Date: 05/02/15 Rating: 4.4
Started on map off tower road
at the top of Big Mtn so I can understand how starting down on
Aughwick road and climbing 900' would definitely get the ole
lungs and heart working. I am surprised to see this trail, as
steep as it is, is very well maintained and little to no wash
out all things considered. I took my 19 yr old son this day as
we had to sort some stuff out. We saw porcupine, turkey, deer
and hawks. Big moutain overlook well worth it despite the
element of graffiti. This overlook is most likely beautiful in
any season. Only have a few items to watch out for. The old
logging road, easy to follow but once it's ready to enter back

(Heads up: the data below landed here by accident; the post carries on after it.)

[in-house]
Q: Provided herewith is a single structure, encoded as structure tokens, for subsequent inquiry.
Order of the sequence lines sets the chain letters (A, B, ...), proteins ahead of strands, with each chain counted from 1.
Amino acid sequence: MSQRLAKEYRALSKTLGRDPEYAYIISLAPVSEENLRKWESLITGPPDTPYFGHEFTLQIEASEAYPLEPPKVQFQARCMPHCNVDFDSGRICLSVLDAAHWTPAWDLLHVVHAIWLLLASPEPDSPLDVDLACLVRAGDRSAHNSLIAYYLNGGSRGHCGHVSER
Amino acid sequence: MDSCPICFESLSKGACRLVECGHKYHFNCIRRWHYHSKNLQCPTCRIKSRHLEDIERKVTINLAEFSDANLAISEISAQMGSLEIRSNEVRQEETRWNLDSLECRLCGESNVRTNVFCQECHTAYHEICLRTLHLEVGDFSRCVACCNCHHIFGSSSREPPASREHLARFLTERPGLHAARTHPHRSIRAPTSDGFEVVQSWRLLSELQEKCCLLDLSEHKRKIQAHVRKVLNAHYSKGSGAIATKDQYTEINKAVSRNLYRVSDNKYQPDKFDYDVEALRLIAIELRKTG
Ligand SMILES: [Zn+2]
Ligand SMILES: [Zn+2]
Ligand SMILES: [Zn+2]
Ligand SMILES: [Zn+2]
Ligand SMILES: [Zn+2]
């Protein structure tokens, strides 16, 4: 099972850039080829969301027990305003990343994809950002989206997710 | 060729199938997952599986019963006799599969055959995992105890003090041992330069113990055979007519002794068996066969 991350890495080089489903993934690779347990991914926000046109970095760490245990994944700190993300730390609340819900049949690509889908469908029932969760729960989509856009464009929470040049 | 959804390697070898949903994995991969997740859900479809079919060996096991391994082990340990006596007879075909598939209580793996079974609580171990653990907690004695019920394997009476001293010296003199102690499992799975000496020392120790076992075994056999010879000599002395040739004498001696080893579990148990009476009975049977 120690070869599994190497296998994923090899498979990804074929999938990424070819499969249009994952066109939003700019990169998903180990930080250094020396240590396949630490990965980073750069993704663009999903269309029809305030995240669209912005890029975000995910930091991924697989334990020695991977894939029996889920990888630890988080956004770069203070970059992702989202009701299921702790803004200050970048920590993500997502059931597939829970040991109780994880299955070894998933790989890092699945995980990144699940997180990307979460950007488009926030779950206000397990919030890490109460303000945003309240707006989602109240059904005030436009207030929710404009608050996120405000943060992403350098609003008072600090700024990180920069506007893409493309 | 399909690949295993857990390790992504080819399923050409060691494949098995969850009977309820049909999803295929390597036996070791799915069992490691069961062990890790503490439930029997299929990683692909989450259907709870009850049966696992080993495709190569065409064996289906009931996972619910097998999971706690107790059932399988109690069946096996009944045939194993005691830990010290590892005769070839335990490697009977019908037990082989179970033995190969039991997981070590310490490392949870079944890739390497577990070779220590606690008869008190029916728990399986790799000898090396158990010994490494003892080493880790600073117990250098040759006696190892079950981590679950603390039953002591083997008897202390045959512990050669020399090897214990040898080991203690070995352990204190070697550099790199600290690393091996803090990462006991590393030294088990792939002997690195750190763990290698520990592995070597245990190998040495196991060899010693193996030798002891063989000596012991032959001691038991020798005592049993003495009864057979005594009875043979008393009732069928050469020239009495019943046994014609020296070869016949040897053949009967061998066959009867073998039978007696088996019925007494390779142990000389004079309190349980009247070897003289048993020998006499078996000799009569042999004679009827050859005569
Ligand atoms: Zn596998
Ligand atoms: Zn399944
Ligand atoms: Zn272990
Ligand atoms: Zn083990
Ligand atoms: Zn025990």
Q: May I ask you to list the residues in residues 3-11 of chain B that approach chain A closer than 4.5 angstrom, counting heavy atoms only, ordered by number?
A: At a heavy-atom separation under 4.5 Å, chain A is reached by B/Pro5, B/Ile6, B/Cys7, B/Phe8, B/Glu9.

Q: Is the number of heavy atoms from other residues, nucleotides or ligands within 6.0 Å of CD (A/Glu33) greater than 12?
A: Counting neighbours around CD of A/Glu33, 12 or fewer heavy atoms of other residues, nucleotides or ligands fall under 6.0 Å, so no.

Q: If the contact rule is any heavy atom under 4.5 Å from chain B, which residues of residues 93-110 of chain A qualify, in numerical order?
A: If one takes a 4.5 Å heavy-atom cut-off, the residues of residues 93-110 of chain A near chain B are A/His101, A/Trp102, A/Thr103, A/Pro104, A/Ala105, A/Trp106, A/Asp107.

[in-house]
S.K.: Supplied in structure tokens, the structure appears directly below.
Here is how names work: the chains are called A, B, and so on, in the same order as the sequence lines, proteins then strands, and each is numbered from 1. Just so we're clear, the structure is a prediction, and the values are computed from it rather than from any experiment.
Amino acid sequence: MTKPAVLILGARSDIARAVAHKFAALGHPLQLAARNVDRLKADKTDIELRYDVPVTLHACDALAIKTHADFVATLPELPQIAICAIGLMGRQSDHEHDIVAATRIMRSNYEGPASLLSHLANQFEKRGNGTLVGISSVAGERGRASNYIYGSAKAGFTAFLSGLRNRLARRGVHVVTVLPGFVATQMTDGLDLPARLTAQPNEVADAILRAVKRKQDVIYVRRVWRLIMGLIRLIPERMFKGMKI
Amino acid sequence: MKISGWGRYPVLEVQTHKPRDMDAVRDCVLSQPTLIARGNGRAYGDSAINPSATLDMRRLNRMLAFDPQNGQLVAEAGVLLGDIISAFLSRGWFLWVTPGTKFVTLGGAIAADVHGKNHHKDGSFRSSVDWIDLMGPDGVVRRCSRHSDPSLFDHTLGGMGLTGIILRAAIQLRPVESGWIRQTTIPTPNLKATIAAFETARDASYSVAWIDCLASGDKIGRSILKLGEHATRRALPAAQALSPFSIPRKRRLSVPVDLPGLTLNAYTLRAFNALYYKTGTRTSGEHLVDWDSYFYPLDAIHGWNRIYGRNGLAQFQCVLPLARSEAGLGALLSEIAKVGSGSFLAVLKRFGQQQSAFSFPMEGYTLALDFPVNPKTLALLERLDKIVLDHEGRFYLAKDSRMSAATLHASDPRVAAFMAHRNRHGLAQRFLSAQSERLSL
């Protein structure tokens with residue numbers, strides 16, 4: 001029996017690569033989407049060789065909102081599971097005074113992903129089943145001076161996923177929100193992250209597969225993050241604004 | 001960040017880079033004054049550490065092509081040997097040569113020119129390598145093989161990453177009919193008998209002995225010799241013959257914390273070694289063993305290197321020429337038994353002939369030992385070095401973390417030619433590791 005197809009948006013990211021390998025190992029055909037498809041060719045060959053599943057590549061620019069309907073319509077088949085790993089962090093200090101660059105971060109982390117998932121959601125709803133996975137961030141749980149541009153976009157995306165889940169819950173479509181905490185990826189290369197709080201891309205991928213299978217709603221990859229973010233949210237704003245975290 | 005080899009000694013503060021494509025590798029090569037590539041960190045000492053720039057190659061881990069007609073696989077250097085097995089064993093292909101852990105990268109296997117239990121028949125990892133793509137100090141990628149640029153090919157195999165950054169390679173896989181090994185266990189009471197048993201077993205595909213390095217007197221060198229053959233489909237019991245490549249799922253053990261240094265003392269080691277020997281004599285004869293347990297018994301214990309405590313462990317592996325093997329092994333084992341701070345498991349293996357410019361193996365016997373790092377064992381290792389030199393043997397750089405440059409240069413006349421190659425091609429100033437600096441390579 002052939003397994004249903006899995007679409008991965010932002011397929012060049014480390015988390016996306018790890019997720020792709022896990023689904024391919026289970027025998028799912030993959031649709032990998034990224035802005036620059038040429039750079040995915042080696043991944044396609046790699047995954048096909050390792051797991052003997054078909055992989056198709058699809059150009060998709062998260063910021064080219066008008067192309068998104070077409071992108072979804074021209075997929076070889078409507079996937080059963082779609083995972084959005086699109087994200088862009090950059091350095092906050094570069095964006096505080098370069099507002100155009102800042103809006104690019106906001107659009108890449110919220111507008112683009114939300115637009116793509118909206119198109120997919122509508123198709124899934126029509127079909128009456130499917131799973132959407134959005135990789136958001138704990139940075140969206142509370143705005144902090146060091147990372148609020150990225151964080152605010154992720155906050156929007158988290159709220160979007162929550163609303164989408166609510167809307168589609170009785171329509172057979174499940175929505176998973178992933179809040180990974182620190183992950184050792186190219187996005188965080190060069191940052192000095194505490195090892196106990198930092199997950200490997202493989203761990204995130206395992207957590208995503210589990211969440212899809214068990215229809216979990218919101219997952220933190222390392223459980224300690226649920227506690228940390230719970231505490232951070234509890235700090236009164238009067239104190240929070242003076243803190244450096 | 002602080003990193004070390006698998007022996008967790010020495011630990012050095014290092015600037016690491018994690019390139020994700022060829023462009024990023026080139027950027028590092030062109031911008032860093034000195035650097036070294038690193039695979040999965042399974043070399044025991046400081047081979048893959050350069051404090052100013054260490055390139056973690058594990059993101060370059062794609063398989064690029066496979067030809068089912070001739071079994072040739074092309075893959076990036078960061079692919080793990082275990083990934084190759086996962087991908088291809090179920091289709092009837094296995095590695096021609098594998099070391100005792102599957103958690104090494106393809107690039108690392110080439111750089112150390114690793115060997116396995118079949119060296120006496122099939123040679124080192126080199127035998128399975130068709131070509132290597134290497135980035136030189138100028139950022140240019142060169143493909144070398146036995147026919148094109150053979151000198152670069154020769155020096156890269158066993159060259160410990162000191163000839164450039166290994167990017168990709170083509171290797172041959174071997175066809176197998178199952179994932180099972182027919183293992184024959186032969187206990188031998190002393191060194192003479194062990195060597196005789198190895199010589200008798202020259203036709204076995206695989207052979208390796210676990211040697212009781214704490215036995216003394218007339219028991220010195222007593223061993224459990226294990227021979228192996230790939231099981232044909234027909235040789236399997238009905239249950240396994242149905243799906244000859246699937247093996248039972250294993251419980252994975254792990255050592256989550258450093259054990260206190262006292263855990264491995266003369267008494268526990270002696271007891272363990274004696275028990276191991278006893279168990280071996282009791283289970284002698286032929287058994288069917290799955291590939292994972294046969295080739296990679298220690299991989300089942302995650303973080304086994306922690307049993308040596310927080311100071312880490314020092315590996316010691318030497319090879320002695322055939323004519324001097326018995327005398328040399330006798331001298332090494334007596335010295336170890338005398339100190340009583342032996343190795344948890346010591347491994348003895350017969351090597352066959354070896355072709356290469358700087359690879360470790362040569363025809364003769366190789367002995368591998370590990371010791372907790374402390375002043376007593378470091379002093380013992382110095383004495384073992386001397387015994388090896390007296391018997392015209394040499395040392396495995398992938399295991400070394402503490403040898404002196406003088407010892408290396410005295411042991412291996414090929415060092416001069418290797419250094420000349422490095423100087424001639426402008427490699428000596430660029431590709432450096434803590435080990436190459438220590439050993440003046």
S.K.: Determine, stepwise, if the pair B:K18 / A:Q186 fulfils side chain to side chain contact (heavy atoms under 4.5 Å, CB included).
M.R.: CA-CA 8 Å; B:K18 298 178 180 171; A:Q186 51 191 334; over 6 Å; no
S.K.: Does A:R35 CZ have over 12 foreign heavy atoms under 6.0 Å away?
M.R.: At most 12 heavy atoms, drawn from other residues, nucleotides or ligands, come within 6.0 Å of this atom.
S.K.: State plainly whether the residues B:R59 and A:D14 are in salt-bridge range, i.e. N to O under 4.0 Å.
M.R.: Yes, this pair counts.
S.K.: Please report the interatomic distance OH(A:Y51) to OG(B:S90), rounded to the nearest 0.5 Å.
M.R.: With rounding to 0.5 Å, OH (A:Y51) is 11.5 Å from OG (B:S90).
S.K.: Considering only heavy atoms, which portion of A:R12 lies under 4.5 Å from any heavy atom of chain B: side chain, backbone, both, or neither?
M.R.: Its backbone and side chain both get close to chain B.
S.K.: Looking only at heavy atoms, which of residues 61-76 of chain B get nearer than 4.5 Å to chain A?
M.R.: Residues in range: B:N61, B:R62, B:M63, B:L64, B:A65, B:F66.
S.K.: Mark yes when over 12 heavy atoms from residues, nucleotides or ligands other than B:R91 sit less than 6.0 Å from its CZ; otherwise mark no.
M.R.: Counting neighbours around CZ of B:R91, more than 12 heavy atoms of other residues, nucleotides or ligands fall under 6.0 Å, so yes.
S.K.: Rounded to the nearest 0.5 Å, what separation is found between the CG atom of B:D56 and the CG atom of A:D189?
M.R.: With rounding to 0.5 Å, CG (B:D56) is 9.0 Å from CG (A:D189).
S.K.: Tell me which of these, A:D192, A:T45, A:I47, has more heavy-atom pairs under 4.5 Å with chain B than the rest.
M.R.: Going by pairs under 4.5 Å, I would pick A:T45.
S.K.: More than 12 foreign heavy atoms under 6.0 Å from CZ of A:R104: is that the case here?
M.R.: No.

into forest.....super marshy!! Need to walk up in woods to
avoid sinking in 6 or more inches at spots. The sign at the fork
for Fore trail appears to have dry rotted off tree and is is
wedged between two trees pointed wrong direction. Unfortunately
my son and I chose the wrong trail, which was Fore trail. This
trail gets to be very interpretive at spots as seems to follow a
temporary creek bed and it is super steep. The 500' climb up
Klines (Kings?) trail was not as rewarding as I thought it would
be..maybe best viewed when all leaves are off trees...this trail
as well was straight up and a heart and lung metiator. All in
all I have done all three hikes in this area listed and
absolutely loved it. Well worth it!
Name: Ed S. Hike: Big Mountain/Pine Tree Vista
Date: 07/29/13 Rating: 5 (4 if uncountable spider webs present)